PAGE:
Researchers interested in knowledge communication within communities of practice tend to focus on tasks, skills, or the shared interests of the group, while relegating other aspects of interaction and communication to the 'cultural context'. But from a participant perspective, knowledge communication includes knowledge about group culture and identity. Attention to participant perspectives and motivations provides a better understanding of what counts as knowledge and how knowledge communication is accomplished. This paper analyses communication within a voluntary community of practice oriented towards a hobby activity. Animutation is a subgenre of amateur animated online videos. Participants in the animutation subculture are primarily US-based young men who interact on a variety of websites that offer video hosting and bulletin board services. In this paper, I analyse discussion posts to the website animutationportal.com. In addition to the specific cultural context of the animutation subculture, participants' identities and understandings of other social contexts (such as the culture of online video production in general) influence their interaction and knowledge communication. While issues of belonging and culture are likely more explicit in voluntary, leisure-oriented communities of practice such as the animutation subculture, these aspects of community participation are important to consider in all communities of practice.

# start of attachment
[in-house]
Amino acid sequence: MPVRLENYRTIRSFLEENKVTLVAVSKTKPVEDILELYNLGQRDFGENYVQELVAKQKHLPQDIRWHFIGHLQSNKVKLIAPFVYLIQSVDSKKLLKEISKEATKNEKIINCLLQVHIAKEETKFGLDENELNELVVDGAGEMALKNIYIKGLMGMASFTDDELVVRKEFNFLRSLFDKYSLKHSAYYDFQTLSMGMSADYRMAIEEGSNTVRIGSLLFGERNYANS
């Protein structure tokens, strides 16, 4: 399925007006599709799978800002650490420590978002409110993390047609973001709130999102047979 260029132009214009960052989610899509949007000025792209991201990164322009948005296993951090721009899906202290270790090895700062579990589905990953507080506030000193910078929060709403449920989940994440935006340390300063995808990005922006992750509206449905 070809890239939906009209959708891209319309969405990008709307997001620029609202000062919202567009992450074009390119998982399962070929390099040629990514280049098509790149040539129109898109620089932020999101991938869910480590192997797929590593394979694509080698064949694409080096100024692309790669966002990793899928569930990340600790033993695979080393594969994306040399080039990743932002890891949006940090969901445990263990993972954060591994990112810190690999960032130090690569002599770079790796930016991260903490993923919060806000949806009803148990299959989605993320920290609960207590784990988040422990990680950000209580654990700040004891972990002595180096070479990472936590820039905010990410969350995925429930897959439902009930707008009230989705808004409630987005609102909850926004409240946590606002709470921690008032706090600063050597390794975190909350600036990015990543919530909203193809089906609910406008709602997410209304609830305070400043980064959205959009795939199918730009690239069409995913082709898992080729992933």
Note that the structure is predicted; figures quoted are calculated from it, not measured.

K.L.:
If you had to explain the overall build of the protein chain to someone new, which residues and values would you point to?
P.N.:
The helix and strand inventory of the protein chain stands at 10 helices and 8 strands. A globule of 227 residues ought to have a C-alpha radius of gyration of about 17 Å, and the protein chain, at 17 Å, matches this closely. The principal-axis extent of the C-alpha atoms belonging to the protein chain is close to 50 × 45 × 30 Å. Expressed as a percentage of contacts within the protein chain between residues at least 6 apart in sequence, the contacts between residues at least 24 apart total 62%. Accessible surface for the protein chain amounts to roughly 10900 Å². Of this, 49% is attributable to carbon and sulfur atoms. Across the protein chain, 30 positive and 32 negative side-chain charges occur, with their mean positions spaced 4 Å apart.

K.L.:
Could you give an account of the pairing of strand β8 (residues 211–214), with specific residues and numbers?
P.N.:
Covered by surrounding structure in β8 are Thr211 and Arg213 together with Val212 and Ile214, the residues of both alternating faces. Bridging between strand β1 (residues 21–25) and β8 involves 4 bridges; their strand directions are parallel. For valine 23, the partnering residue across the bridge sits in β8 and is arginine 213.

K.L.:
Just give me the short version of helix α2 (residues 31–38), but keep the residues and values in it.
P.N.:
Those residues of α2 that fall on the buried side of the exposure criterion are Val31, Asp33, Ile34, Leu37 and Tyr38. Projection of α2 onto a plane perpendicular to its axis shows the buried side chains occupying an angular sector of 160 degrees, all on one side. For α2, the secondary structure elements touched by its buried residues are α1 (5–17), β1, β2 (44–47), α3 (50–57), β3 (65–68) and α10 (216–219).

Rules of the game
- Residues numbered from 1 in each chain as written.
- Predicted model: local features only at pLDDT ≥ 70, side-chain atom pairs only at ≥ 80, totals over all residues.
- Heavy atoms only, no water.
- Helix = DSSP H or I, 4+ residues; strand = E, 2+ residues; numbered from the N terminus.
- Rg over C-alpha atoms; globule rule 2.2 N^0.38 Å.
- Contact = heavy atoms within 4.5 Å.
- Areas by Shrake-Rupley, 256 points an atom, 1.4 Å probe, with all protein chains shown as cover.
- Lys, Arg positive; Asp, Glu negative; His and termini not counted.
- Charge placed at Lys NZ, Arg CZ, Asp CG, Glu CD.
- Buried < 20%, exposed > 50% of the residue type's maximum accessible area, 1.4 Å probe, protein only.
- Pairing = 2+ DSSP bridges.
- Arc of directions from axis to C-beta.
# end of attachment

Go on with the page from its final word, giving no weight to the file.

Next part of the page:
- Communities of practice
- Knowledge communication
- Web communities
ASJC Scopus subject areas
- Computer Networks and Communications